DLR-Logo -> http://www.dlr.de
DLR Portal Home | Imprint | Privacy Policy | Contact | Deutsch
Fontsize: [-] Text [+]

Recovery in airplanes: sleep, and oxygen saturation

Elmenhorst, E.-M. and Rooney, D. and Pennig, S. and Wittkowski, M. and Vejvoda, M. and Wenzel, J. (2012) Recovery in airplanes: sleep, and oxygen saturation. Sleep Kongress, 09.-13.06.2012, Boston, USA.

Full text not available from this repository.


Introduction: With increasing number and duration of long-haul flights the topic of crews’ on-board sleep and recovery gets progressively more important. At travelling altitude sleep takes place under hypobaric conditions corresponding to an altitude of 8000 ft. Methods: We investigated 24 healthy subjects (12 female, average age 27 years ± 4 SD) sleeping in a pressure chamber furnished as crew-rest-compartment. The flight simulation was realistic concerning the atmospheric conditions, the in-flight noise, and the 4h time in bed. Sleep-EEG, blood oxygen saturation (SpO2), and subjective sleep quality were recorded. Results were compared to a control group of 23 healthy subjects (9 female, average age 26 years ± 6 SD) that spent 4h time in bed in private rooms of the DLR-sleep laboratory under normobaric, silent conditions. Results: The recuperative value of sleep (to date subgroup of n=16) was reduced in hypobaric conditions since deep sleep (p<0.05) and REM sleep (p<0.01) were reduced whereas the light sleep phases (N1 p<0.05, N2 p<0.01) were increased. Sleep period time (SPT) and sleep efficiency did not differ between groups. The objective measures were emphasized by the subjective ratings (calmness of sleep: p<0.001; sleep depth: p<0.05). “In-flight”, subjects spent 83% (± 5%) of SPT in a state of hypobaric hypoxia (<90% SpO2), 4% of SPT even below 85% SpO2. The mean SpO2 level in-flight was 88% (± 1 SD) with a mean minimum of 81% (± 3 SD) while the control group had a mean SpO2 level of 96% (± 1 SD) (p<0.0001). Conclusion: Hypobaric hypoxia reduced the recuperative value of sleep. Young and healthy subjects were clearly affected. Older flight crews or diseased passengers might suffer from stronger effects while sleeping on board.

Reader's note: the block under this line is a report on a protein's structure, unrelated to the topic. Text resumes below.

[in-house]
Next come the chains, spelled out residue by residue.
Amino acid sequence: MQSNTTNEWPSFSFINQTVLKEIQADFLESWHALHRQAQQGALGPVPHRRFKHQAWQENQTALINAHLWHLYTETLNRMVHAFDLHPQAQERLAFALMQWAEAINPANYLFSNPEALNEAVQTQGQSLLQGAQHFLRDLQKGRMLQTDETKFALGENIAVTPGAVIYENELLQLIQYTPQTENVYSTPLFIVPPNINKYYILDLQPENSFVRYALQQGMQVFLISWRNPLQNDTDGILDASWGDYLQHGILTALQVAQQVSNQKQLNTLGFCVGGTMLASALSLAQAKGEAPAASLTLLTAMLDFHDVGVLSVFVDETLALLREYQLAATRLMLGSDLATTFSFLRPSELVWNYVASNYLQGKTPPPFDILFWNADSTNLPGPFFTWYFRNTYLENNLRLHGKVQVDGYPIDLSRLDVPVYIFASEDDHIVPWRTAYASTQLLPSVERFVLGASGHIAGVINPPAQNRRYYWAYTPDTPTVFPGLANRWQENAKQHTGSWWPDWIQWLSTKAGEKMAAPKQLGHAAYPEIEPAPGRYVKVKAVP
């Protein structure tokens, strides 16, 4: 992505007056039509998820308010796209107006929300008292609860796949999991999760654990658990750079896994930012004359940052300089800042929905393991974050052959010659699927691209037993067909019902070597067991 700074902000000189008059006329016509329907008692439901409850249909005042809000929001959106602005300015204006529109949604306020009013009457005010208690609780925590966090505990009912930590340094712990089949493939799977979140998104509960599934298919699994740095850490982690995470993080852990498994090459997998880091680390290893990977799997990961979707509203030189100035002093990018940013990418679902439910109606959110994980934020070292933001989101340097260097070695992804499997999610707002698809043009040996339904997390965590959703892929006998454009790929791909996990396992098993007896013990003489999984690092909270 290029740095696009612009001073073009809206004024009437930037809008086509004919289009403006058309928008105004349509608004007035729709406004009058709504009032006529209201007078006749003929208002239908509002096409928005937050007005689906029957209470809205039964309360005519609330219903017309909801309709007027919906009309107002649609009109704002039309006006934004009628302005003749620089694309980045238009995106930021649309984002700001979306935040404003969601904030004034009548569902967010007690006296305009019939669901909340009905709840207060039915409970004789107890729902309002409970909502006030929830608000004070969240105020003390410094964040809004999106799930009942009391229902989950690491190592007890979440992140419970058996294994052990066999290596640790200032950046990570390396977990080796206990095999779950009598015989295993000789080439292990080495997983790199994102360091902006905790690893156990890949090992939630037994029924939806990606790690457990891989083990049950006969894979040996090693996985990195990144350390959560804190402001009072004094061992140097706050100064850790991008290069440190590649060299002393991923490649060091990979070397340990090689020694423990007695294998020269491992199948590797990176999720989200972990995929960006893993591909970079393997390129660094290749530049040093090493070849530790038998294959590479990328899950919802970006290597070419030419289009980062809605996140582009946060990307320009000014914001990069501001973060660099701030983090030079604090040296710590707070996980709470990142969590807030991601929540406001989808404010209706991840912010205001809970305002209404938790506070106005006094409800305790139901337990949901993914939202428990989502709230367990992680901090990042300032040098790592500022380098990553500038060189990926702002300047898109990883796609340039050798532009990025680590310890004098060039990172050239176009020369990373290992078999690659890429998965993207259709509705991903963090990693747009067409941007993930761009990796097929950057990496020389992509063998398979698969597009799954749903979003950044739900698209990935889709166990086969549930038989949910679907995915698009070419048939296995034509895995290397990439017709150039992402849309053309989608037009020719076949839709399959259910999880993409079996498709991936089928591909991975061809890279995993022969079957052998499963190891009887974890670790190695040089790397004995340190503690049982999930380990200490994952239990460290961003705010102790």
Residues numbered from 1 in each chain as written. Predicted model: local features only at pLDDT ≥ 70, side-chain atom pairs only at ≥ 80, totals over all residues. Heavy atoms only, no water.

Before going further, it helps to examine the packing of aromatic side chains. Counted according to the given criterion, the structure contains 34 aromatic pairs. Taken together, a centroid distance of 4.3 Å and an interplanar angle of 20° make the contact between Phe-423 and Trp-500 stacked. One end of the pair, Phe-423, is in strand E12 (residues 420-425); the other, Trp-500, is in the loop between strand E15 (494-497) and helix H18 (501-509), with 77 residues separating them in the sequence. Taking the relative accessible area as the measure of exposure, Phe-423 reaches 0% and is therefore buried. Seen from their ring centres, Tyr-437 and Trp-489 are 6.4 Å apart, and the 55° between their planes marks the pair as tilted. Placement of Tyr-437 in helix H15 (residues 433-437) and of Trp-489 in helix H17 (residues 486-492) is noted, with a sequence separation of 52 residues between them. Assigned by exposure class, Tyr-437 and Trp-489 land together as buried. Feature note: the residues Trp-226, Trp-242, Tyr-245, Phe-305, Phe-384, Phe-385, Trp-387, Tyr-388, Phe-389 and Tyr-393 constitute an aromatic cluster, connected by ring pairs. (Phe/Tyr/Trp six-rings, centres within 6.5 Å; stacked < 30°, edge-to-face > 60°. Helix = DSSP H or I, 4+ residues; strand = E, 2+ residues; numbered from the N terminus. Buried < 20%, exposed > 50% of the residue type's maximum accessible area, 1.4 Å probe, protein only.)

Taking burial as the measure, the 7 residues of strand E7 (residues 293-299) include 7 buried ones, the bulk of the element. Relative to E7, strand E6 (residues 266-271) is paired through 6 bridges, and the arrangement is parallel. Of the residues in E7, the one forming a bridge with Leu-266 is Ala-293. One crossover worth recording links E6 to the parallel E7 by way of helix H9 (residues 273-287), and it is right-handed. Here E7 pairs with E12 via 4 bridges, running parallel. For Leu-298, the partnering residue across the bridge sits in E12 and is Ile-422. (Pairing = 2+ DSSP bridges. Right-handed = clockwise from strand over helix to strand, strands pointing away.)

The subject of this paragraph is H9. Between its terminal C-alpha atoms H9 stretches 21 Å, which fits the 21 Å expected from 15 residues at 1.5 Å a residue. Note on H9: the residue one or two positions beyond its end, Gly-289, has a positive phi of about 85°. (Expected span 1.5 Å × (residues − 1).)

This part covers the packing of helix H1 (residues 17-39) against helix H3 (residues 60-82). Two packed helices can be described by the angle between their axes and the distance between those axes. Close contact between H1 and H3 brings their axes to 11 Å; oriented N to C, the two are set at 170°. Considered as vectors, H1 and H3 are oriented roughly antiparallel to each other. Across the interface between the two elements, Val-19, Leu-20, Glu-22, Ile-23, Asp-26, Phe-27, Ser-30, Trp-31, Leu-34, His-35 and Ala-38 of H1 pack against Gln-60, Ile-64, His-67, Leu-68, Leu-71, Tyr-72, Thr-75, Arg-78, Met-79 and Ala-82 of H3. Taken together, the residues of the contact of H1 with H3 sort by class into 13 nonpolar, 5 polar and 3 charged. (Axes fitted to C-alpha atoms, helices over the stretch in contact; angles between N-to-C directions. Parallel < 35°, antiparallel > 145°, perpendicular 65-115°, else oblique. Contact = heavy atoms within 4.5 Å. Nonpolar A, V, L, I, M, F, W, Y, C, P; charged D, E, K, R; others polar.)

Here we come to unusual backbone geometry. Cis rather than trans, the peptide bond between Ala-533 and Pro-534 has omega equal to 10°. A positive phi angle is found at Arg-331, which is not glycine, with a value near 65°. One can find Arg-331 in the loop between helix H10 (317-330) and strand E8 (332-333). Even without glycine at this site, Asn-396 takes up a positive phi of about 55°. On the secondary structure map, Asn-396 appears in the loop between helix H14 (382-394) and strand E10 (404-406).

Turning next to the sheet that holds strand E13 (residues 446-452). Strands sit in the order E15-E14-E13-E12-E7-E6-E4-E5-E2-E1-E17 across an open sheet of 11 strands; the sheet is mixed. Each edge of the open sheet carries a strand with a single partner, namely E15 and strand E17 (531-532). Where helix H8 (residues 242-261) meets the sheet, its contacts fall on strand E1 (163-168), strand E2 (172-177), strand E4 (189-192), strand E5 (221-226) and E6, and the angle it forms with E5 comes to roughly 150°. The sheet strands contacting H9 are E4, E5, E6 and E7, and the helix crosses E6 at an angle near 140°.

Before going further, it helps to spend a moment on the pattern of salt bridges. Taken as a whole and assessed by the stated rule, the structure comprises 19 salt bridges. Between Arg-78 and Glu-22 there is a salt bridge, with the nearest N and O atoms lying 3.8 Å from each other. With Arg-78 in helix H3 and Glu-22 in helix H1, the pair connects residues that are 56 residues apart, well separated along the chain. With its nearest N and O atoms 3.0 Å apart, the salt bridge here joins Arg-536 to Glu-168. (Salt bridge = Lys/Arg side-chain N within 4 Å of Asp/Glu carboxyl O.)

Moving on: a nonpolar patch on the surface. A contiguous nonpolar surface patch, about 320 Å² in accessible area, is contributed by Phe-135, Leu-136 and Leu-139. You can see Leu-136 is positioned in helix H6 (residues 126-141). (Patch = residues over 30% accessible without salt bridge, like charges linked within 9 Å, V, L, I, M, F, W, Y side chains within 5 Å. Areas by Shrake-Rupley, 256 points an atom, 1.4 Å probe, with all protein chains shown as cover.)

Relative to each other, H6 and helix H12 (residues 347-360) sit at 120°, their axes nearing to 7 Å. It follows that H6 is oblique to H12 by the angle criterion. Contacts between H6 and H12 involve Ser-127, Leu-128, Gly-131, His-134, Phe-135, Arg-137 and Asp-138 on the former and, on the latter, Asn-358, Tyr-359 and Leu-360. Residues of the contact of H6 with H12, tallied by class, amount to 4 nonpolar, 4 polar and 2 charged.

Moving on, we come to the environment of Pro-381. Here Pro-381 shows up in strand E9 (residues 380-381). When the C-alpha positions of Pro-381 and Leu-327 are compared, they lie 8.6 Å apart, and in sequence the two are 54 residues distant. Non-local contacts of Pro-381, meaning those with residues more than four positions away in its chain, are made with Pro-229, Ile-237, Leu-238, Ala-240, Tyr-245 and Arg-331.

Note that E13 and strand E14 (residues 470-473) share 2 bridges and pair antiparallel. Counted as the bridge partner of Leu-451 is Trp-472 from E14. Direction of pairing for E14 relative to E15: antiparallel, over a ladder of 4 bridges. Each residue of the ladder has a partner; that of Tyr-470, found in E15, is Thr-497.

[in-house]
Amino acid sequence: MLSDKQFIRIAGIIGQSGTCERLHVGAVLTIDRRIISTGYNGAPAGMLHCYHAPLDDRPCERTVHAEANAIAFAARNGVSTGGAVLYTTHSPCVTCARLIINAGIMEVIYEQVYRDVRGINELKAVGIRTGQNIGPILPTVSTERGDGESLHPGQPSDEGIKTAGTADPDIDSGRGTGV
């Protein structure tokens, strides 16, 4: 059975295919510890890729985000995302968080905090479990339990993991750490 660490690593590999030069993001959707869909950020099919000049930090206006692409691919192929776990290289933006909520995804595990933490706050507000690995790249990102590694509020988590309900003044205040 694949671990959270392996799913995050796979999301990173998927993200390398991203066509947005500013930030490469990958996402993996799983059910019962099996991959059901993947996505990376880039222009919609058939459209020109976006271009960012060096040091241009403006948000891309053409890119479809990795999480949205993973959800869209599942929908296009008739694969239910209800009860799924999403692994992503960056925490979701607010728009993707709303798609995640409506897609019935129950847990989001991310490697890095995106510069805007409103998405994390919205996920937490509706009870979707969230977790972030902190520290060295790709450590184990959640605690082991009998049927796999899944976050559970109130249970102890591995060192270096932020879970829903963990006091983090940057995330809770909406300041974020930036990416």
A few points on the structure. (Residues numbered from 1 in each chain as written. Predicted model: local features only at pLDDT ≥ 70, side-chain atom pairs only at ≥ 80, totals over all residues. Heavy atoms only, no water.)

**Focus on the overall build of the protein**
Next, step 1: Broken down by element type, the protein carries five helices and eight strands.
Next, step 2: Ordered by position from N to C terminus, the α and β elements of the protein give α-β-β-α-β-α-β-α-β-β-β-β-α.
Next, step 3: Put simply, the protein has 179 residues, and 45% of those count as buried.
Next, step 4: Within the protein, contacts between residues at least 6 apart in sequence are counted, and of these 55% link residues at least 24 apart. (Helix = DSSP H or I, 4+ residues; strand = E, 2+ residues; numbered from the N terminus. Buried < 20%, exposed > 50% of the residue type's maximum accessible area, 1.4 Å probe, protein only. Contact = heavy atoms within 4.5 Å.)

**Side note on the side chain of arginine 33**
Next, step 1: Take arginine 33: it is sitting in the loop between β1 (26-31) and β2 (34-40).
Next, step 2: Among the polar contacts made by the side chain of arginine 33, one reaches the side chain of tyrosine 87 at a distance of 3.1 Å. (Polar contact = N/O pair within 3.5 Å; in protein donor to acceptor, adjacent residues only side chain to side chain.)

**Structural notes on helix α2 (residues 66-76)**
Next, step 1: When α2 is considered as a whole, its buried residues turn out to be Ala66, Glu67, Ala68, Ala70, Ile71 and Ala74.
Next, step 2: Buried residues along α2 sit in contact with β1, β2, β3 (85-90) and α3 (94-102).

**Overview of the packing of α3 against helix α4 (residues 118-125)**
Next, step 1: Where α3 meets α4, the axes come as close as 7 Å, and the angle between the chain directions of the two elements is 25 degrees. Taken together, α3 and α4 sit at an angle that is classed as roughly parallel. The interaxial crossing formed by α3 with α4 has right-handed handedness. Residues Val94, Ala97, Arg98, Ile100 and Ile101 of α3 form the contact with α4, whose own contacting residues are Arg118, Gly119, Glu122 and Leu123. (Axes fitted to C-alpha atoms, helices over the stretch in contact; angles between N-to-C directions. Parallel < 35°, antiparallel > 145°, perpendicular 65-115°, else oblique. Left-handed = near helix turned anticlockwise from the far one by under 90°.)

Item URL in elib:https://elib.dlr.de/76924/
Document Type:Conference or Workshop Item (Poster)
Title:Recovery in airplanes: sleep, and oxygen saturation
AuthorsInstitution or Email of AuthorsAuthor's ORCID iD
Elmenhorst, E.-M.eva-maria.elmenhorst (at) dlr.deUNSPECIFIED
Rooney, D.daniel.rooney (at) dlr.deUNSPECIFIED
Pennig, S.sibylle.pennig (at) dlr.deUNSPECIFIED
Wittkowski, M.martin.wittkowski (at) dlr.deUNSPECIFIED
Vejvoda, M.martin.vejvoda (at) dlr.deUNSPECIFIED
Wenzel, J.juergen.wenzel (at) dlr.deUNSPECIFIED
Open Access:No
Gold Open Access:No
In ISI Web of Science:No
Keywords:sleep, recovery, oxygen saturation, airplane
Event Title:Sleep Kongress
Event Location:Boston, USA
Event Type:international Conference
Event Dates:09.-13.06.2012
HGF - Research field:Aeronautics, Space and Transport
HGF - Program:Aeronautics
HGF - Program Themes:ATM and Operation (old)
DLR - Research area:Aeronautics
DLR - Program:L AO - Air Traffic Management and Operation
DLR - Research theme (Project):L - Human Factors and Safety in Aeronautics (old)
Location: Köln-Porz
Institutes and Institutions:Institute of Aerospace Medicine > Flight Physiology
Deposited By: Sender, Alina
Deposited On:09 Aug 2012 08:37
Last Modified:09 Aug 2012 08:37

Repository Staff Only: item control page

Help & Contact
electronic library is running on EPrints 3.3.12
Website and database design: Copyright © German Aerospace Center (DLR). All rights reserved.